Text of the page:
COVID-19: A Blessing in Disguise for the F&B Industry?
Updated: Jun 4
Covid-19 caused a global industry-wide downturn when it first surfaced, and the ripples of this pandemic will be around for many years to come. The F&B industry took a brunt of the impact – some would say it was the hardest hit by the global pandemic. Singapore’s lockdown measures and no dine-in laws were the main culprits behind the downturn, with the sector reporting losses of almost 30% at the end of 2020. Since then, with Singapore returning to tolerable normalcy with phase 3, the F&B sector has managed to recover moderately.
Deserted coffee shops and restaurants during circuit breaker. Cr: The Straits Times
The latest heightened alert proved that it was somewhat a false sense of security with the path forward thorny and unpredictable. However, with all the measures that the first round of circuit breaker brought about, restaurant owners are much more prepared for such a situation and have adapted speedily.
Now, we can all agree that COVID-19 was detrimental to the growth of our economy and even our social lives. But was it really all bad?
Sure, restauranteurs were thrown into a frenzy when the circuit breaker announcement was made. For the first time ever, dining in as an option was no longer available. For many, this was essentially a death sentence – cafes who have invested tens of thousands into renovation to attract patrons, restaurant chains who made a name for themselves through their outstanding service…
All of their main selling points or competitive advantages were rendered ineffective in an instant.
It did not take long for innovation to kick in, however. Resourcefulness and creativity saw many novel ideas take root and grow. Thousands closed shop, while the rest rose from the ashes, emerging stronger than before with contingency measures in hand.
With that in mind, is it possible that COVID-19 was actually a blessing in disguise for the F&B industry? A wake-up call that motivated the once stale landscape to make drastic changes, both for their own and their customers’ benefits?
In order to make up for the drop in revenue, restauranteurs considered other avenues of profit making. The first and most obvious way was repackaging products for retail purposes, such as packaged meat, sauces, condiments, or ready-to-cook packages. Next came other innovations like picnic baskets, online food courses, custom recipes... you name it, it’s probably available.
An example of a ready-to-cook product is Haidilao’s “Kai Fan Le”, a ready-packed kit with all the ingredients and sauce you need to cook up a feast from the comfort of your own home. This was hugely popular as customers could recreate that same taste they were missing during the lockdown.
This not only created many new ways for the public to enjoy food from the comfort of their homes, it also expanded the horizon for the F&B industry as a whole. The sky’s really the limit when you get thinking!
How many times have we tried to look up a restaurant or hawker store only to find nothing on the internet? It’s a common occurrence, despite it being the digital age as some of the older generation hawkers are not tech-savvy enough to set-up social media pages for their businesses, much less proper websites. Some might even consider it a hassle that provides little to no benefit and dismissed the thought entirely.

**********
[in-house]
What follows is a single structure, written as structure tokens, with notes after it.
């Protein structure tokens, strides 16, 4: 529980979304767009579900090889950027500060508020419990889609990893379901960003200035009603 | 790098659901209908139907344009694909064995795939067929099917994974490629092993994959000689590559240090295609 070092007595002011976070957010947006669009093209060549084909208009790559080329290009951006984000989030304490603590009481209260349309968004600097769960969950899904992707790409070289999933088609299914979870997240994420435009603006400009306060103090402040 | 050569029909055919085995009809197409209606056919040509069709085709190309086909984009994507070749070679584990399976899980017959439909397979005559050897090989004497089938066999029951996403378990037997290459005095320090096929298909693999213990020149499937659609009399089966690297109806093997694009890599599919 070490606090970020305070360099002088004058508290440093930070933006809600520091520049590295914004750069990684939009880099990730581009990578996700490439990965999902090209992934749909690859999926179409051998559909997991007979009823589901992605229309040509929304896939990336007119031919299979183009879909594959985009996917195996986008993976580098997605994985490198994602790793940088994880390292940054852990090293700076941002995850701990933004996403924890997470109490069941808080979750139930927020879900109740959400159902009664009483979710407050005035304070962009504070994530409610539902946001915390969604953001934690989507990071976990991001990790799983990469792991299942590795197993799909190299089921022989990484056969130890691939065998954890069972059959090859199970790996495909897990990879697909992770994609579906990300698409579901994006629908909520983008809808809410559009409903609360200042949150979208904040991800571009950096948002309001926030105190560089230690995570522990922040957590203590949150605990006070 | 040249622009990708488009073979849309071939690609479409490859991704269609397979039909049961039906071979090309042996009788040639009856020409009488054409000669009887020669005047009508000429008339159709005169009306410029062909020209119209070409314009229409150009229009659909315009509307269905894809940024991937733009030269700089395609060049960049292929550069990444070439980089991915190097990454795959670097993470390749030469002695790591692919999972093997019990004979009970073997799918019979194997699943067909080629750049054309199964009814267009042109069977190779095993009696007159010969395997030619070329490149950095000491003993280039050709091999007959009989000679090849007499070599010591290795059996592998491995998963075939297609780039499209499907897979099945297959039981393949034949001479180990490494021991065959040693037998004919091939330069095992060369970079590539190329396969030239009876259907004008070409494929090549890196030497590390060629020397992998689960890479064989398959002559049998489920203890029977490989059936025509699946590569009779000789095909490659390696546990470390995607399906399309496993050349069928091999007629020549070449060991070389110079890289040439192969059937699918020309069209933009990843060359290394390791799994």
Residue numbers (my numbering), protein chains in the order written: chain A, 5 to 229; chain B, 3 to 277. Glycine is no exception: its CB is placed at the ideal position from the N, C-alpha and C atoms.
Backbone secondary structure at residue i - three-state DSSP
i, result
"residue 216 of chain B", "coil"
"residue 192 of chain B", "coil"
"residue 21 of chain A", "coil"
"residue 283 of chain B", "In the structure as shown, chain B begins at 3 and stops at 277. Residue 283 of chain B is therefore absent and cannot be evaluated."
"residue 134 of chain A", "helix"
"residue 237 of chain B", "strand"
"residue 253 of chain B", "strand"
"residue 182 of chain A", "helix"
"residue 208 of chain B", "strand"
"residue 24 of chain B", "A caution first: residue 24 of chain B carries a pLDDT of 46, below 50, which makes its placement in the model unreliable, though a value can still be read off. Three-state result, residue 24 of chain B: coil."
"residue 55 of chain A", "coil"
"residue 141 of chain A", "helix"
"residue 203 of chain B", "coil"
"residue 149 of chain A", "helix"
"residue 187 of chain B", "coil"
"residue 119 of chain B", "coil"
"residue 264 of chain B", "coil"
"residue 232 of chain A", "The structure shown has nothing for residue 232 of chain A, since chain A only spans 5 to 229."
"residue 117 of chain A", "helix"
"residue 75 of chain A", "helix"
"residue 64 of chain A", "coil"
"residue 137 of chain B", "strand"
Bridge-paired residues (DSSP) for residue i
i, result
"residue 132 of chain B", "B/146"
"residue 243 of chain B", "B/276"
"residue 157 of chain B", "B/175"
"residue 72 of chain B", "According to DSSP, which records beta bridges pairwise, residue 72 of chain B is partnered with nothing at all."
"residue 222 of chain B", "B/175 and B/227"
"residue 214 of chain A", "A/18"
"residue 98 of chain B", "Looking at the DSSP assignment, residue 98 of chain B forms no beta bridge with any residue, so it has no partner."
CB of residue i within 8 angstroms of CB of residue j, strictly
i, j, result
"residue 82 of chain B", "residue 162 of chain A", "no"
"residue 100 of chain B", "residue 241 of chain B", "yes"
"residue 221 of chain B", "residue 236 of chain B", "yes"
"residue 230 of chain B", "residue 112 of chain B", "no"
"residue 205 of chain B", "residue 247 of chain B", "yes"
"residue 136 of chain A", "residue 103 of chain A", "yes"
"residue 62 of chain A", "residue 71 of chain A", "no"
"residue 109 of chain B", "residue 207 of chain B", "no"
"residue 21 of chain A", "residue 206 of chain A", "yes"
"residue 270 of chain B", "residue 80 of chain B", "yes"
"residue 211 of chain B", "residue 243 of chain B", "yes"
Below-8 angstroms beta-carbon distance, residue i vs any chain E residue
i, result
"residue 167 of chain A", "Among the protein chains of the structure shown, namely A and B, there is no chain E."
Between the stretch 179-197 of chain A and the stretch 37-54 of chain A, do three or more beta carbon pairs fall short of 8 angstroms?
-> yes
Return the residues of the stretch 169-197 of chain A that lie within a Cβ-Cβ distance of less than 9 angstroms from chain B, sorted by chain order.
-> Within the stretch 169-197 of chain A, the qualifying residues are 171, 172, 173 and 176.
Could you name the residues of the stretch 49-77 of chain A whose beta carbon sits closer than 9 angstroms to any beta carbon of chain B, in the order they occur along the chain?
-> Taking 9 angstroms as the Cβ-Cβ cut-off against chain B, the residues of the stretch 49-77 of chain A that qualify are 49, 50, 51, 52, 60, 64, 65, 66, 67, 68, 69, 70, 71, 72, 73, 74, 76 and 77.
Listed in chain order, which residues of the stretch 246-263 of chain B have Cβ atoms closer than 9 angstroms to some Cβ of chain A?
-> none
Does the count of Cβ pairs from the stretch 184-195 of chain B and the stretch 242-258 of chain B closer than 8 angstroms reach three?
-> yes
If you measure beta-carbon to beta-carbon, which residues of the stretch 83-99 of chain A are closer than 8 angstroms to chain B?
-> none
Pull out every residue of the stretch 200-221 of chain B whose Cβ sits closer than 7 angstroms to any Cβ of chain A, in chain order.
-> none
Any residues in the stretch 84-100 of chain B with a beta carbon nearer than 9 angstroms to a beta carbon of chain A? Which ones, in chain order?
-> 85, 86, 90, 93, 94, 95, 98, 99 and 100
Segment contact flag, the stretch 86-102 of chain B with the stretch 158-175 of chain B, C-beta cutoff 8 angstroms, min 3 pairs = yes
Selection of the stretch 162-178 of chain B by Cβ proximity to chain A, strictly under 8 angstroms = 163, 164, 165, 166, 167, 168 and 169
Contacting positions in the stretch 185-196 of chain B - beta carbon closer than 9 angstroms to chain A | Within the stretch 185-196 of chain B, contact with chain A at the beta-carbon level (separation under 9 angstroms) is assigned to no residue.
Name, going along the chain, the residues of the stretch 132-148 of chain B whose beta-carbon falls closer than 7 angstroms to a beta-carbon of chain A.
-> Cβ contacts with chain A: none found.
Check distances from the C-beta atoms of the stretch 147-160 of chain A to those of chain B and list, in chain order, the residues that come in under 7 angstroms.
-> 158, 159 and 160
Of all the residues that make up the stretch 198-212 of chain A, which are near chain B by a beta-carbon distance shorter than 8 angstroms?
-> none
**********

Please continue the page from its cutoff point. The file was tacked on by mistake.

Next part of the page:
COVID-19 made digitalization necessary for survival. Smaller businesses that shied away from the digital grid before had to establish an online presence, be it through ordering websites, social media accounts or delivery platforms. This would have initially cost a pretty penny but coupled with government grants like the Hawkers Go Digital scheme, the investment required was drastically reduced.
Cr: IMDA SG
Not only are these smaller F&B businesses easier to locate now, they have also secured more revenue streams that have built a stronger foundation for them to weather through storms in the future. Customers are also pleased as they now have more access to information and a wider variety of food on delivery platforms!
Rise of Ghost Kitchens
Cr: The Straits Time
A Ghost Kitchen has none of the things we commonly associate with a restaurant: servers, seating, and a sign. The Ghost Kitchen - sometimes called Virtual Restaurant, Dark Kitchen, or Cloud Kitchen - exists only to serve orders placed via mobile app or delivery service web page.
This means the cost of setting up and running a Ghost Kitchen is significantly lower than your average restaurant. You can do away with dining space, service staff, dining utensils, menus et cetera. All you have to focus on is preparation, cooking and packaging. This concept existed before COVID-19 but only gained real traction once it became apparent that traditional restaurants was no longer the de facto way of operation.
We are seeing a monumental shift in establishments of restaurants along with how they operate in the post-pandemic landscape with Ghost Kitchens. The changes will provide unprecedented chances to experiment, test, and refine the public’s reaction to new food concepts at little risk. Running multiple concepts from a single location and meeting demand for a wide variety of cuisines can become the new norm. This opens up more possibilities of cuisines for consumers, and very likely at lower prices as compared to their brick-and-mortar counterparts.
What do you think?
The F&B industry in Singapore has undergone several rounds of changes and innovation ever since COVID-19, and with the pesky virus looking set to be around for at least the foreseeable future, we can expect further developments as restauranteurs adapt further to what we now view as normalcy.
It’s not ideal, but at the very least, it has breathed new life into the F&B industry. Do you think that COVID-19 is a blessing or a curse?